On Friday, Dom Sagolla ’96 — or, as he is sometimes known, @dom — came back to his alma mater, Swarthmore, to promote his new book, 140 Characters: A Style Guide for the Short Form. In this day and age, the short form is constantly in use in chats, email subject lines, tweets, Facebook updates, and the like. This book is meant to be a style guide for the modern writer. “I saw a need for this type of guidance — I wrote this book from a sense of responsibility,” said Sagolla.
Sagolla has been involved with Twitter since the very beginning. In 1996, Sagolla was an employee of Odeo Inc., a 14 person podcasting company. Around this time, Apple had begun its domination of podcasting, and Odeo was looking for ways to reinvent itself. During a brainstorming meeting, Sagolla pitched an idea not unlike Twitter. Users would be able to call in and record a five second voicemail on their phones that could be accessed by their friends. Sagolla attributed this idea to Swarthmore’s introduction of Voice Over IP during his time here, having been fascinated with the system and spending time learning the intricate details of phone messaging and voicemail.
Jack Dorsey, another member of the company, pitched his idea called “Status.” Status would be a system through which you could text an update to the service and it would forward it via text to your friend group. Dorsey’s idea won out in the end, and the name “twttr”—today known as Twitter—was decided upon.
The original prototype of Twitter allowed users to submit messages with unlimited characters. This was a problem because since Twitter was meant to be text message dependent and people’s tweets were being broken up into successive messages. In Feb. 2007, Dorsey decided to limit the system to 140 characters. In response to the uproar and debate following this decision, he tweeted, “one could change the world in 140 characters.”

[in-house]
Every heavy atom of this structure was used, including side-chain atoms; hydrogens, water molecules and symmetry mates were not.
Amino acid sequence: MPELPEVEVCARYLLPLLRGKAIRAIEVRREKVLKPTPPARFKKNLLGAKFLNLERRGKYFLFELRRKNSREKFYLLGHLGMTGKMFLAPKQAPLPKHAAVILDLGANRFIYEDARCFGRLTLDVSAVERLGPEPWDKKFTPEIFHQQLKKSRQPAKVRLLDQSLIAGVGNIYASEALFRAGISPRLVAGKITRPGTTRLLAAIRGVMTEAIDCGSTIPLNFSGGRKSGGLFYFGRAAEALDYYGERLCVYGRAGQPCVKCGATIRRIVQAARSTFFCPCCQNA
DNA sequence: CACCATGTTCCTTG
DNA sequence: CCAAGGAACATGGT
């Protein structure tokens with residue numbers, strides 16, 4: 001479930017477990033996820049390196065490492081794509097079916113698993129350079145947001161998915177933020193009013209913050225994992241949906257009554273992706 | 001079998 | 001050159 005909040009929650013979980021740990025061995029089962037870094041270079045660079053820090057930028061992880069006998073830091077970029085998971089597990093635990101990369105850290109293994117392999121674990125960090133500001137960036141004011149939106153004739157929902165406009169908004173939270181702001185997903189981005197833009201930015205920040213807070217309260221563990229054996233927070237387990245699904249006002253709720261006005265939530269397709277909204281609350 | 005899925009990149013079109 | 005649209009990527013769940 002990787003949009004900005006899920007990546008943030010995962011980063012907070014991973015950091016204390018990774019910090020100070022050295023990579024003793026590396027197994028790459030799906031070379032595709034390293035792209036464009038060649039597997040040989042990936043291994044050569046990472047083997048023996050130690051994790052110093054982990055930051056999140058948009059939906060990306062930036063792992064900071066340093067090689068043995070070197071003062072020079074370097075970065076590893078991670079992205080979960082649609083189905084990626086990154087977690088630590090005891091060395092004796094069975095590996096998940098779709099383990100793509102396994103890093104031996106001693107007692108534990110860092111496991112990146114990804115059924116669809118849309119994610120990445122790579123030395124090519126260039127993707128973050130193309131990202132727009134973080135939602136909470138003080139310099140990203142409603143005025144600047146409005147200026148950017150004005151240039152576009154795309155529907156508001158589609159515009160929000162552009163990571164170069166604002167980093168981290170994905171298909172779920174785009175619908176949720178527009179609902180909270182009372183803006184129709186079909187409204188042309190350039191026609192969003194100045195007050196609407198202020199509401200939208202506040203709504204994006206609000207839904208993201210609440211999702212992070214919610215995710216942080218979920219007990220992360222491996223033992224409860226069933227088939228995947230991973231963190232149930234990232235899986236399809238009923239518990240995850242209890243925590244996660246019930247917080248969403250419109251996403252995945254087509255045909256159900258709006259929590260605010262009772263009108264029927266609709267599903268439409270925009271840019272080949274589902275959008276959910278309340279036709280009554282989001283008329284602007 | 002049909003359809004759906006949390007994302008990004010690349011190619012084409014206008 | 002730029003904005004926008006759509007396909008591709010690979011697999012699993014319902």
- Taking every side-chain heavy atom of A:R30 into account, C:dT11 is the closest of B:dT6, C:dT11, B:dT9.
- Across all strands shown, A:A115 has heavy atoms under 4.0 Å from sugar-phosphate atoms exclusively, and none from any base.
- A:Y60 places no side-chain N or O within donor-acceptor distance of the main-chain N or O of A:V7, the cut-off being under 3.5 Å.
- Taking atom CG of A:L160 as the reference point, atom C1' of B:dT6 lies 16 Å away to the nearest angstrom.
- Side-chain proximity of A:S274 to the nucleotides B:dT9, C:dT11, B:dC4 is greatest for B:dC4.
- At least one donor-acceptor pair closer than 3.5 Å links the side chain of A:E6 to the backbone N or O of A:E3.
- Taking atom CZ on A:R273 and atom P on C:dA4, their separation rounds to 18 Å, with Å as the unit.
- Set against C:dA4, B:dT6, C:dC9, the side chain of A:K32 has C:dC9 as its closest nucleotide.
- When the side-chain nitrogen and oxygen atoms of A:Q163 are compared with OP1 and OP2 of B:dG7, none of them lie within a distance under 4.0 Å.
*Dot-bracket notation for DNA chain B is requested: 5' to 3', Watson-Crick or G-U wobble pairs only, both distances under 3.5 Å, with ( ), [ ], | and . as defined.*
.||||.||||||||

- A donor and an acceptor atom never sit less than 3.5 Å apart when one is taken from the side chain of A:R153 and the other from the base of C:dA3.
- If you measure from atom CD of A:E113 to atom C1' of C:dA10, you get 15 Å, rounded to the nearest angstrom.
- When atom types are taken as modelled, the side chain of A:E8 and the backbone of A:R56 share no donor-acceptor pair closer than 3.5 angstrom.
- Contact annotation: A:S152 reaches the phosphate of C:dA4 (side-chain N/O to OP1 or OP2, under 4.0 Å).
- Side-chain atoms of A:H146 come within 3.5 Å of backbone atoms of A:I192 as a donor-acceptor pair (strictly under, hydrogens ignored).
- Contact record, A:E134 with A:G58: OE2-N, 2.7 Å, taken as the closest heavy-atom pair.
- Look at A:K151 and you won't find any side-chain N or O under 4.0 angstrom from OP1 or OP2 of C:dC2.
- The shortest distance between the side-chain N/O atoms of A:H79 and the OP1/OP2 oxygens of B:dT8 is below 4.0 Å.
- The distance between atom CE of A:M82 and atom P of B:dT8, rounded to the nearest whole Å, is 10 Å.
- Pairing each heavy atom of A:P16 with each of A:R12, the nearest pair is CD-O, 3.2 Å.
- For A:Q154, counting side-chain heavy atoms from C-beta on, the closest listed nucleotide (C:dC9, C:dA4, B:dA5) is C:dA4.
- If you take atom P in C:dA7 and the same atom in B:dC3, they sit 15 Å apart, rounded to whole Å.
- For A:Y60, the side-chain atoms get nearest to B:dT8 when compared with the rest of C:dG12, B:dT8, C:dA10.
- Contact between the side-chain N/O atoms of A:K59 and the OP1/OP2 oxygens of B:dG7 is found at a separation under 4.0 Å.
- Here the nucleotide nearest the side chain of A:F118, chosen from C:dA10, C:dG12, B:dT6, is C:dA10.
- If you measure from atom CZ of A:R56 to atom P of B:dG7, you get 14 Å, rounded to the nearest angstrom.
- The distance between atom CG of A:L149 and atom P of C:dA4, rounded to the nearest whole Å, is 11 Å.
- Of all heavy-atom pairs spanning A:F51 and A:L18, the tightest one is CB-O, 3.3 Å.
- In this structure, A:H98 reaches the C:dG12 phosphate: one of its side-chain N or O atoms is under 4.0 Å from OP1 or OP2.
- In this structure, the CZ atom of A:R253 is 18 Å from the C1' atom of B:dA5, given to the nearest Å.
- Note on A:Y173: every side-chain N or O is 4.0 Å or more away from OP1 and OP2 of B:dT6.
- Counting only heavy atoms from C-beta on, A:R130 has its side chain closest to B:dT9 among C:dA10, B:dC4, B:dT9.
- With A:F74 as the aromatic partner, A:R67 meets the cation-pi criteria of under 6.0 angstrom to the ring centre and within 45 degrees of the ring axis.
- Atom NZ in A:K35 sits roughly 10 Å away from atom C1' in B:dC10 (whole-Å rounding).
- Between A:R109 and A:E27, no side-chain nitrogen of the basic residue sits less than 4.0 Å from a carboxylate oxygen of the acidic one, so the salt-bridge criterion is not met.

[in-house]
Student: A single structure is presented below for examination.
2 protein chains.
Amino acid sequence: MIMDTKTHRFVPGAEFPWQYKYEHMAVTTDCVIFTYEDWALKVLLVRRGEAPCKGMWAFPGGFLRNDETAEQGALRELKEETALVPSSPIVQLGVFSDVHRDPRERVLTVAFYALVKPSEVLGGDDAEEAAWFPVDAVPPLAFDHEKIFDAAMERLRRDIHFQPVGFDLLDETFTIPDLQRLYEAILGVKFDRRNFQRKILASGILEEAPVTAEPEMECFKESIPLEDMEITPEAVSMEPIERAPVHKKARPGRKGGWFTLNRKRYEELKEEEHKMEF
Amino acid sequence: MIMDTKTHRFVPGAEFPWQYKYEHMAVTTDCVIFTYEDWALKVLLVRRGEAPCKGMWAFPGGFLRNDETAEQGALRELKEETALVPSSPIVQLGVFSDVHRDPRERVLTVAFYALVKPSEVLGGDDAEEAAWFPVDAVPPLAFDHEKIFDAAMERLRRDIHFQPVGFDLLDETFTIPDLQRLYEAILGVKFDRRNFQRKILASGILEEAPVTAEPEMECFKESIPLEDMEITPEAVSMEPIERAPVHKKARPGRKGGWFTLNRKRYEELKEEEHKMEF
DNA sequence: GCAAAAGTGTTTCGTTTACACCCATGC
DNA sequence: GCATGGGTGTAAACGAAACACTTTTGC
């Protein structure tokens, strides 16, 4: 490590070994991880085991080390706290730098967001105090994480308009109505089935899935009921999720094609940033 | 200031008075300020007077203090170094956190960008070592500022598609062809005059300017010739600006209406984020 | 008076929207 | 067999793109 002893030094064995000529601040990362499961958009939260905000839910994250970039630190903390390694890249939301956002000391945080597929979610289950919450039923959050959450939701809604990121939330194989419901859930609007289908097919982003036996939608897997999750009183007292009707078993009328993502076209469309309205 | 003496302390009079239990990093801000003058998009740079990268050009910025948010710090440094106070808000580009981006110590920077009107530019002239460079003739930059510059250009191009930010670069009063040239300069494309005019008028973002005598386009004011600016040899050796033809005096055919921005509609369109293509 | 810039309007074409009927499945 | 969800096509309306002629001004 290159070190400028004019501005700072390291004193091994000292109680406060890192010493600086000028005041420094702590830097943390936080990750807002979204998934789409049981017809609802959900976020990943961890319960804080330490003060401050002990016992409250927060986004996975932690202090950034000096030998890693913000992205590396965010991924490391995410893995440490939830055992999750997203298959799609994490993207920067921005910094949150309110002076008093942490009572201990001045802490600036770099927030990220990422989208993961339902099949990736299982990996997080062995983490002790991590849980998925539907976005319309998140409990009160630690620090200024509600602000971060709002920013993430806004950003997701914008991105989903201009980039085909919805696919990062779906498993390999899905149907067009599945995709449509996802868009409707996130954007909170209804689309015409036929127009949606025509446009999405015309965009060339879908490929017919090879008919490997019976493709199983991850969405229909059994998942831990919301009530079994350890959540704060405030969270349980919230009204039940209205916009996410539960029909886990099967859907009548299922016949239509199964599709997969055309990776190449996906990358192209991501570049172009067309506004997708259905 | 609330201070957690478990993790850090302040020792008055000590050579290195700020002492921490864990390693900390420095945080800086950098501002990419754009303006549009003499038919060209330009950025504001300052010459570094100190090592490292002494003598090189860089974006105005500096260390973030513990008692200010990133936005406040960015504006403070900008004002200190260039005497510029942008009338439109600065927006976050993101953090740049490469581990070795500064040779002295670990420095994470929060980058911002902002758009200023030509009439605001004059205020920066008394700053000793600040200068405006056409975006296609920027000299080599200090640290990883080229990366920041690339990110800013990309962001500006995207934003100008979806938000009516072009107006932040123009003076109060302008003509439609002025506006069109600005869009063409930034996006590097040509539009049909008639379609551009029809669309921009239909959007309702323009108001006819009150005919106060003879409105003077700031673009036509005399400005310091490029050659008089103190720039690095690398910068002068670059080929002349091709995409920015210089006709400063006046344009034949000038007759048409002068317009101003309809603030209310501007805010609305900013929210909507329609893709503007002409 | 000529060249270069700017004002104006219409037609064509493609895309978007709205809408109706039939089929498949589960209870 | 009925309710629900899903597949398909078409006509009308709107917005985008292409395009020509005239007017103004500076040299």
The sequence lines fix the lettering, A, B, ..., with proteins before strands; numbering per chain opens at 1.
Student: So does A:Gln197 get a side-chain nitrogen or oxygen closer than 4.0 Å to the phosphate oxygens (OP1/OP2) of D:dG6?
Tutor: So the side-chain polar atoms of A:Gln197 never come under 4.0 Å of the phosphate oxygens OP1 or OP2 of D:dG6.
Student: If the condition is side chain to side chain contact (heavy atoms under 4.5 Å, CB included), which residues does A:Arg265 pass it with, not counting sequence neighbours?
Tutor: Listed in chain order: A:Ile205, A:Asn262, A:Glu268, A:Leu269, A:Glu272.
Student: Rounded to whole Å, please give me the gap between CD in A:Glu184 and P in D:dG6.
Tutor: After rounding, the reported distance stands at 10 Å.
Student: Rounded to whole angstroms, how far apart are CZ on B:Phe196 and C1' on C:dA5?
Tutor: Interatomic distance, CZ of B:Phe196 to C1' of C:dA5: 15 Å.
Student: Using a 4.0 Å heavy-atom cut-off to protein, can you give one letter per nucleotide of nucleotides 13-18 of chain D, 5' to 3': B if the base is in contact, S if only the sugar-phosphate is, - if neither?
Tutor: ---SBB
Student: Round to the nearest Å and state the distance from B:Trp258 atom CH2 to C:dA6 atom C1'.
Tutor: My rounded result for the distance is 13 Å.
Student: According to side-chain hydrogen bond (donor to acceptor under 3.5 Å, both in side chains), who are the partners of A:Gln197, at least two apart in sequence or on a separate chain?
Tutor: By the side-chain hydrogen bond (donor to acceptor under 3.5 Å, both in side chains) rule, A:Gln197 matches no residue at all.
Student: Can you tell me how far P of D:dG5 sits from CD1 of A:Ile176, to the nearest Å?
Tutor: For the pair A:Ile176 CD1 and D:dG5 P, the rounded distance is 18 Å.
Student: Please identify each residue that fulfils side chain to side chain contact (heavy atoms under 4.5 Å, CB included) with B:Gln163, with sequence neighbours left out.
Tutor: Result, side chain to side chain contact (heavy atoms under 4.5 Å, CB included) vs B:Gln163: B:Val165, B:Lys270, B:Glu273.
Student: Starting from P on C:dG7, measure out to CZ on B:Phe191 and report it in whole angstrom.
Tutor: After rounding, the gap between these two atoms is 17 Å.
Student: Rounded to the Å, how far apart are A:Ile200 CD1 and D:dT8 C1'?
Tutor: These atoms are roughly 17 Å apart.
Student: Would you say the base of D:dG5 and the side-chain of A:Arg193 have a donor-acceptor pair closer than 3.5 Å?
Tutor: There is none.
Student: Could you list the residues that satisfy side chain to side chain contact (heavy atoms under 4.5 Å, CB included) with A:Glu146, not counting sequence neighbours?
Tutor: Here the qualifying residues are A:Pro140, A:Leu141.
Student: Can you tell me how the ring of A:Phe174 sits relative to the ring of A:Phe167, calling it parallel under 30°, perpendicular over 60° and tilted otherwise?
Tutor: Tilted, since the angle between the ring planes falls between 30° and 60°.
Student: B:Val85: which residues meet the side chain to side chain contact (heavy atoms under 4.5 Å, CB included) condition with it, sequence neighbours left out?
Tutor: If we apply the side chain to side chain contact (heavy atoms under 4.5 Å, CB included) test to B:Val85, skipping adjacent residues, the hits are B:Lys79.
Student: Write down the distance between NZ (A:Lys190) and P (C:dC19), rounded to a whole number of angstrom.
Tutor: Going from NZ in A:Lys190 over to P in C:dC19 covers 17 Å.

As one of the original users of Twitter, Sagolla quickly discovered that he could explore many different voices and styles of tweeting. Combined with Dorsey’s famous tweet, this discovery led Sagolla to realize how our internet-dependent generation was creating what he calls “a new genre of literature” and “a new generation of writers.” Sagolla’s book is a guide to help short form writers, encouraging them to take a more deliberative approach to tweeting.
Sagolla did stress that this was a new and experimental form of writing. He mentioned that he was giving the lecture to “learn from the audience as much as he was to present” and warned the audience that they were dealing with “strong media.” “It’s disruptive, we need to tame it. Use it for your own purposes, don’t let it control you.” Sagolla conceded that Twitter has the “effect of being distractive and interruptive. “Attention spans shrink—but we’ve seen this since TV, since radio. We haven’t been destroyed as a society yet.”
There are, however, many benefits to Twitter and similar social media, according to Sagolla. “It’s powerful, it can cross boundaries, cultural or legal. Anyone can have a voice in a platform,” he says. It promotes literacy, too, he argues, “Nowadays, anyone can be a writer simply just by starting to write. As a society we can become more literate.” Twitter also helps with networking—it’s “about connections that you want to create.” It “helps create short, sharp thoughts,” boiling tales “down to their essence.” It keeps friendships alive over time and distance because it eliminate the need to “spend a lot of time catching up with people. The conversation is already in context. It cements friendships in a way, like sending out a mass email. You can always catch up with someone in an instant.”
Towards the end of his presentation, Sagolla declared, “Someone really cares what you’re doing no matter what time of day it is.”
Dom Sagolla’s book 140 Characters: A Style Guide for the Short Form can be bought in stores, online, or as an iPhone application.
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